Urban studies theorist Richard Florida believes Canadian cities should start planning out what a staggered reopening of urban centres would look like — potentially by including wider bike lanes and sidewalks to ease congestion and moving some indoor businesses outside.
“We have got to redesign to reopen,” said Florida, a professor at the University of Toronto’s Rotman School of Management and School of Cities
“We need to think about how we can design our infrastructure… so we feel safe on them as we get back to using them.”
Toronto Mayor John Tory said the city’s staff are also looking at which areas could reopen before others, although he made it clear that may not happen for months.
“We’re going to do it carefully, we’re going to it methodically and we’re going to, most importantly, do it safely based on public health advice,” said Tory.
“We will come forward with a plan in an integrated manner that has a phase one, that will have some people who will go first, but that will be based on thoughtful consideration.”
Florida has his own opinions of how a phased approach to opening a city would look like, which would include opening some parks, but not encourage the playing of team sports.
“I think we can start to reopen small things, more of our parks, more parts of parks,” said Florida.
“But we’re not going to let kids on swing sets yet, we’re probably not going to play basketball games or on golf courses or tennis courts.”
When it comes to work, Florida adds that it would be best to ease back into repopulating office spaces by only allowing a small number of employees to return — instead of allowing all staff to come back at once.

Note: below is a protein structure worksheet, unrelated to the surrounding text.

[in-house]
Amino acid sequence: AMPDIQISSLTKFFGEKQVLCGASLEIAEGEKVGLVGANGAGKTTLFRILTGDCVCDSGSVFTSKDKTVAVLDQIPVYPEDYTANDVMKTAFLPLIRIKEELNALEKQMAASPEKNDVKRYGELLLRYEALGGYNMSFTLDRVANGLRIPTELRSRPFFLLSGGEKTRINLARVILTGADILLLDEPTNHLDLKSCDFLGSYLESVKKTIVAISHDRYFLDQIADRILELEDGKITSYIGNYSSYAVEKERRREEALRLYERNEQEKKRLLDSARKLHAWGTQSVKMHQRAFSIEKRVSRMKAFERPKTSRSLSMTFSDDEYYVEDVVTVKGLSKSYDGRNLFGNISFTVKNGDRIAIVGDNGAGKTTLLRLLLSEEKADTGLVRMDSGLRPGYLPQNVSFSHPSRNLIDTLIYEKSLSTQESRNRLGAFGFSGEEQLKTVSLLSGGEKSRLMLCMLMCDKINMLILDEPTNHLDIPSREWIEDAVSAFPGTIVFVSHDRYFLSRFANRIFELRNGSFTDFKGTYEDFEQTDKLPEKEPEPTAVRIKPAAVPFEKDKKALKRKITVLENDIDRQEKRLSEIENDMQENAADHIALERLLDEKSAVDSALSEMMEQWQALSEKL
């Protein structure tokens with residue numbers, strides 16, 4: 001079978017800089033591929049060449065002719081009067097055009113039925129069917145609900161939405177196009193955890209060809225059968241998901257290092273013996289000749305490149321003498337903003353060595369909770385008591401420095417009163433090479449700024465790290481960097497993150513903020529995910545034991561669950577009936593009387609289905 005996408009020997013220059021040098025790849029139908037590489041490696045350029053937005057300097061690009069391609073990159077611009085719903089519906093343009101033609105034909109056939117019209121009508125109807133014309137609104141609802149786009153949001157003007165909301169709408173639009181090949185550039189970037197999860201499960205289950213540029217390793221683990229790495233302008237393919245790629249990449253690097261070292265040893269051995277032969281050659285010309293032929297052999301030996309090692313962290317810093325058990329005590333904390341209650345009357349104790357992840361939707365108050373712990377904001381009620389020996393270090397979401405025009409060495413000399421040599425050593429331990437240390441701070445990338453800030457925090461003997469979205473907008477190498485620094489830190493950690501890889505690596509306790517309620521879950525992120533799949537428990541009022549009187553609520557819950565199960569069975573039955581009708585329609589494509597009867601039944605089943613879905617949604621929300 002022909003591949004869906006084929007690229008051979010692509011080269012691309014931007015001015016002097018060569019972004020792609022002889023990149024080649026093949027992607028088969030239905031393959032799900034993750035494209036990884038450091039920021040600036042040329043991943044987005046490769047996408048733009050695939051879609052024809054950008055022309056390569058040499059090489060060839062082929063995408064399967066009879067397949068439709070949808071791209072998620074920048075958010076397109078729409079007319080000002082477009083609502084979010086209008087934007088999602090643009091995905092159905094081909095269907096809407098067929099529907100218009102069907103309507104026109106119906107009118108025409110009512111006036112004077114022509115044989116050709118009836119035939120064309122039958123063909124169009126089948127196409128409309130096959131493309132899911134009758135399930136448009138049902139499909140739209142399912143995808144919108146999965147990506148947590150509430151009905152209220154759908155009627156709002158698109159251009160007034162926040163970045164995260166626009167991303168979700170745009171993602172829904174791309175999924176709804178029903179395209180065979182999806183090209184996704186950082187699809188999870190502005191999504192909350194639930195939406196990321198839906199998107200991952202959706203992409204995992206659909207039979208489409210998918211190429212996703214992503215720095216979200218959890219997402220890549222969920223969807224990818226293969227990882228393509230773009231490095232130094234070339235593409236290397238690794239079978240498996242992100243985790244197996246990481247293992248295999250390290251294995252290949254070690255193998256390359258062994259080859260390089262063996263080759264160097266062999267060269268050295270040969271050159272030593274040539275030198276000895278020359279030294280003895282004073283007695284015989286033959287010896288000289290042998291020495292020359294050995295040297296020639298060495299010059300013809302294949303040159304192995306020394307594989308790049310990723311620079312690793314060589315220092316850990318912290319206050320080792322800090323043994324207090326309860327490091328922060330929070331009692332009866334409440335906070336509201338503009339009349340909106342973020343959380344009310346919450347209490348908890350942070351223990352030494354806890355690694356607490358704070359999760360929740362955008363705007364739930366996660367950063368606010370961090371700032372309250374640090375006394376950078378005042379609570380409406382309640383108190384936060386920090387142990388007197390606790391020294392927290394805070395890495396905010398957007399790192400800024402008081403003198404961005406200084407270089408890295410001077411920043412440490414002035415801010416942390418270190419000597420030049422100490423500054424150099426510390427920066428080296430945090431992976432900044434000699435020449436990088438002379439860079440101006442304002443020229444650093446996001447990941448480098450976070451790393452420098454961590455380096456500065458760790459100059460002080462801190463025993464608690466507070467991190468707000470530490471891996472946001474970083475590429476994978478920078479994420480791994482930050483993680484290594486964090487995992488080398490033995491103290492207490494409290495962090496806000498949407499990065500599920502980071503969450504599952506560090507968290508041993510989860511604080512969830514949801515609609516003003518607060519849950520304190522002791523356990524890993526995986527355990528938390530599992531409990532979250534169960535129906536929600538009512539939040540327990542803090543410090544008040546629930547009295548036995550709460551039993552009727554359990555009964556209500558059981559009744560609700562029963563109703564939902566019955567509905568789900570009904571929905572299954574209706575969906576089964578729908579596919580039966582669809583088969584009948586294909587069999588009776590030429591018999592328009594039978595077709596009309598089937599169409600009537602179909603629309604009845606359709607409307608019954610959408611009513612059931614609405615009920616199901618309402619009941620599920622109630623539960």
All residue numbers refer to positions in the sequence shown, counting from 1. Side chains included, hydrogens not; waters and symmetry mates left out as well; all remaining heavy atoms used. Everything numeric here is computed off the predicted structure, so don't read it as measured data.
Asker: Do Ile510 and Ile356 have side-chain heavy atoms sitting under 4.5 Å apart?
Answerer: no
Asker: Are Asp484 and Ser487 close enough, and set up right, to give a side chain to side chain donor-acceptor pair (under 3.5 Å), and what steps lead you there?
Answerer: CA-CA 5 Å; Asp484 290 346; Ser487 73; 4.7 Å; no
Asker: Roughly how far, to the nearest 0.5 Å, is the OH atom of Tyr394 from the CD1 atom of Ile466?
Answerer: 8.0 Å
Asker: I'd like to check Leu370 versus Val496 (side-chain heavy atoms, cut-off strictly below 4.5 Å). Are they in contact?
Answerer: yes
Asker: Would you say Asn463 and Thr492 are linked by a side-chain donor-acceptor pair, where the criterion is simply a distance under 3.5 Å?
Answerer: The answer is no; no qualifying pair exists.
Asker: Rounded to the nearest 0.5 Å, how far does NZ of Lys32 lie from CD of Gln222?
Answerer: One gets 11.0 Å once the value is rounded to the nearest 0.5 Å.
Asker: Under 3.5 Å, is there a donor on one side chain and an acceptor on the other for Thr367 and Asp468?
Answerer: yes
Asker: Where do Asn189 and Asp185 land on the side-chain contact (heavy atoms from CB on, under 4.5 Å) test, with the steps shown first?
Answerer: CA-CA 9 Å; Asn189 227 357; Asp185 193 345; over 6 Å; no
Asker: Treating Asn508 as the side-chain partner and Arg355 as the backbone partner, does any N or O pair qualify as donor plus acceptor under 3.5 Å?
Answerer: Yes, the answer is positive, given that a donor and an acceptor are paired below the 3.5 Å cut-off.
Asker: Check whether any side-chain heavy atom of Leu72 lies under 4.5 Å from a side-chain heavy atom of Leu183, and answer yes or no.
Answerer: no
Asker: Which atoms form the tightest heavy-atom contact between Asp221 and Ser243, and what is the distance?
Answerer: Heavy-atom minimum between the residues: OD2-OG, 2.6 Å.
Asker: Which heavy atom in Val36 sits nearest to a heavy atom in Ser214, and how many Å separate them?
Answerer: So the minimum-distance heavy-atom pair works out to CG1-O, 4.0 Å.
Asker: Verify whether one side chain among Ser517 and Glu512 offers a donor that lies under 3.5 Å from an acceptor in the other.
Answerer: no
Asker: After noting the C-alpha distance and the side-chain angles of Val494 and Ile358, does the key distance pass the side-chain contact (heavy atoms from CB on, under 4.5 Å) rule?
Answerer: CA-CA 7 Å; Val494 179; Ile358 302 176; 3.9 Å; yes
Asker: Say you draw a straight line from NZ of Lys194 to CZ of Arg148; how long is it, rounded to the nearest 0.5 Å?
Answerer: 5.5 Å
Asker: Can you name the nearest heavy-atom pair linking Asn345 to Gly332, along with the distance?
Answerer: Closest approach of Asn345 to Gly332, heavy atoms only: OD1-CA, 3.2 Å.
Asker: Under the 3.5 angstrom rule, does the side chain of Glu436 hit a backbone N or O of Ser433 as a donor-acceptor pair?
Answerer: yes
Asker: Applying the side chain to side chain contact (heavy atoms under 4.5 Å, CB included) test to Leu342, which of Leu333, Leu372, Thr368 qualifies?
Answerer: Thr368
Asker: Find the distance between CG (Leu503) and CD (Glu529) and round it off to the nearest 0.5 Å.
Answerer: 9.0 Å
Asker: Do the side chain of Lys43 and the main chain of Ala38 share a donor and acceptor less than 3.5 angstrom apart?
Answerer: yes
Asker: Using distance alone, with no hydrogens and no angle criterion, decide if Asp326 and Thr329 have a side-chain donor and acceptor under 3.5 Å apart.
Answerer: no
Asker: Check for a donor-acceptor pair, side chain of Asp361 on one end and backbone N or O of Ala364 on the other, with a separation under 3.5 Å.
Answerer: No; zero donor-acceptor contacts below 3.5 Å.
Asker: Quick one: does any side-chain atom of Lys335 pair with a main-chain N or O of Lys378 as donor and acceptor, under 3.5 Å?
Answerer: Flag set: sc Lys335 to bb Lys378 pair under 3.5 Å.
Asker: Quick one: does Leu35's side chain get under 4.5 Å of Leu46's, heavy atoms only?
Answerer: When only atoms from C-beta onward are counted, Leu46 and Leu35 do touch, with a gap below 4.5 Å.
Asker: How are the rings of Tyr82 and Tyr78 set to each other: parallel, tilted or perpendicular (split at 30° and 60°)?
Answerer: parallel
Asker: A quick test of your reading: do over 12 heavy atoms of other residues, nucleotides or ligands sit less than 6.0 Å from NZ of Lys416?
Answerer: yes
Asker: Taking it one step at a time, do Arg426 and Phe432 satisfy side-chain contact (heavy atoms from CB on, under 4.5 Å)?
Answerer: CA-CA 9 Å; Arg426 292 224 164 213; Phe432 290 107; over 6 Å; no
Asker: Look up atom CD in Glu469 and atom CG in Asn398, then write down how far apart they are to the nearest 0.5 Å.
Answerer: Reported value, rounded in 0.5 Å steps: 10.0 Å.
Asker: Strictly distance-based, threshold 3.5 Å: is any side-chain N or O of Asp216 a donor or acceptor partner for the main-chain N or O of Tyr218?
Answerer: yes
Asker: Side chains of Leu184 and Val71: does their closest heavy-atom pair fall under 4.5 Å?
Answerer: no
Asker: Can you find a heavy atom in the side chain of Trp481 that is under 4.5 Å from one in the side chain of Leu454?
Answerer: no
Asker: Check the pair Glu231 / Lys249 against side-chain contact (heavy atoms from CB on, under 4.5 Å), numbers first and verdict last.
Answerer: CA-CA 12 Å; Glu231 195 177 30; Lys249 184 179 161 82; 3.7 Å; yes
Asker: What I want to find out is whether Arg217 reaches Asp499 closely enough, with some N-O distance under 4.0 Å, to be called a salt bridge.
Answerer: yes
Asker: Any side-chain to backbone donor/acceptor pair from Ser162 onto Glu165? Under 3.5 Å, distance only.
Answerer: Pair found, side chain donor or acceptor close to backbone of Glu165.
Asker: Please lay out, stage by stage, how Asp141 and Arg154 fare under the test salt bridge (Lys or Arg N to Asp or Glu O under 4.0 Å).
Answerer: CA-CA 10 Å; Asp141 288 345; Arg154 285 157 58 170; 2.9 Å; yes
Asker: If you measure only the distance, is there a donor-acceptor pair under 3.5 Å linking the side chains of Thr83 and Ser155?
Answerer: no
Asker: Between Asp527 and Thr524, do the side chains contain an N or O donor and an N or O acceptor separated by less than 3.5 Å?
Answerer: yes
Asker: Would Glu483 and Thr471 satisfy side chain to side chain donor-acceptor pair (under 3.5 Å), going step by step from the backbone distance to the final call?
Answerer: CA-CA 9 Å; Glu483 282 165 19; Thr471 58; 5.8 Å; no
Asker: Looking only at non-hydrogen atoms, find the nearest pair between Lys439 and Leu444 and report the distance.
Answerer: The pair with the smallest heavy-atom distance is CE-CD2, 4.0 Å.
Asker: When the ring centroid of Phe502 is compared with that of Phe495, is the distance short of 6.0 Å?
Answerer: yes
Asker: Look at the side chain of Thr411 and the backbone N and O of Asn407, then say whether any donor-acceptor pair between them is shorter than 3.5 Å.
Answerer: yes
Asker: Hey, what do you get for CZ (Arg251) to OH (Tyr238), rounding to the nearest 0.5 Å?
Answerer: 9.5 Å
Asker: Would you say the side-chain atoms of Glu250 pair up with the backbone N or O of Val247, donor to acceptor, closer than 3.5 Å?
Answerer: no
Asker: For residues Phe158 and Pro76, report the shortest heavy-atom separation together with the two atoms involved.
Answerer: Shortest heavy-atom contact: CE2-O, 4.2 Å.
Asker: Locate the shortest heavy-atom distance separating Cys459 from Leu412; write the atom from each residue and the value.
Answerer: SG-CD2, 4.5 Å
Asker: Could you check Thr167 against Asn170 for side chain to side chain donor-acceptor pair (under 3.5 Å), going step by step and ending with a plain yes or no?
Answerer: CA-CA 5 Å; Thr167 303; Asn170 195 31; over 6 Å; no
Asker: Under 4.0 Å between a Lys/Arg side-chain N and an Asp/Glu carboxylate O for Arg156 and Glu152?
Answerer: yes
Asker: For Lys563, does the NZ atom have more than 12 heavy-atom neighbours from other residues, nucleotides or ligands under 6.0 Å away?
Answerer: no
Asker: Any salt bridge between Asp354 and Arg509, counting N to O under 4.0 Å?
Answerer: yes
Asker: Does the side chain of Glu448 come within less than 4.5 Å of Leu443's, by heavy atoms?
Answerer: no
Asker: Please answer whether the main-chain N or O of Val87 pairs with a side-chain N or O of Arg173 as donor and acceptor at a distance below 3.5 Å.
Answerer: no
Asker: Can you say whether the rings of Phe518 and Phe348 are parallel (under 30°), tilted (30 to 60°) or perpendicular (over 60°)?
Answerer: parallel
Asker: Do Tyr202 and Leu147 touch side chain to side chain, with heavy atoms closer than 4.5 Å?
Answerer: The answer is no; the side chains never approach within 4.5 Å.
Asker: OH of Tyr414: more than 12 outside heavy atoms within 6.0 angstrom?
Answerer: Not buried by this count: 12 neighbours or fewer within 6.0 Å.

“We should keep working remotely as much as possible; we have to keep the traffic down.”
He adds that would also reduce the number of cars on the streets and people using public transit during rush hour, minimizing the size of the crowds.
What’s more, he argues that increasing the size of sidewalks and bike lanes will also allow more people to use alternate forms of transportation while still physical distancing.
Florida adds that airports could also start increasing their air traffic, but the screening process shouldn’t return to normal for a while.
“I think the retrofit is going to be bigger than the terrorist attacks of 9/11,” said Florida.
“We’re going to need temperature sensors… we’re going to need good personal protective equipment… we’re going to have to change those waiting stations at airports and subways so they’re little ways or spaced apart.”
The University of Toronto professor believes that small- and medium-sized businesses will have the toughest time returning to their normal practices and many of them will be out of business months from now.
He adds that many venues, like museums and concert halls, should restart by only allowing a number of customers to attend their events while practicing physical distancing.
And restaurants should consider unorthodox practices, like using public spaces outside of their establishments.
“So let’s be creative,” he said. “Let’s give restaurants access to space adjacent or down the block.”
There are many businesses that will remain closed and open much later than others since they’re not deemed essential
“We’re preparing for a longer situation and making sure we don’t open to quickly and cause a secondary spike or anything like that,” said Brendan Sorichetti, a personal trainer with Barry’s Bootcamp.
Sorichetti is one of many trainers who have taken to Instagram to provide a free daily workout for followers.
But since gyms aren’t likely to be on the top of the list of businesses that will open soon, they’re planning on shifting to a paid online training session to keep their business alive.
“If it comes to transitioning into Zoom workouts, we’re working on that now and we’re spending a lot of time fine-turning… we want to possible transition into that into the next few weeks and settle in for the long haul.”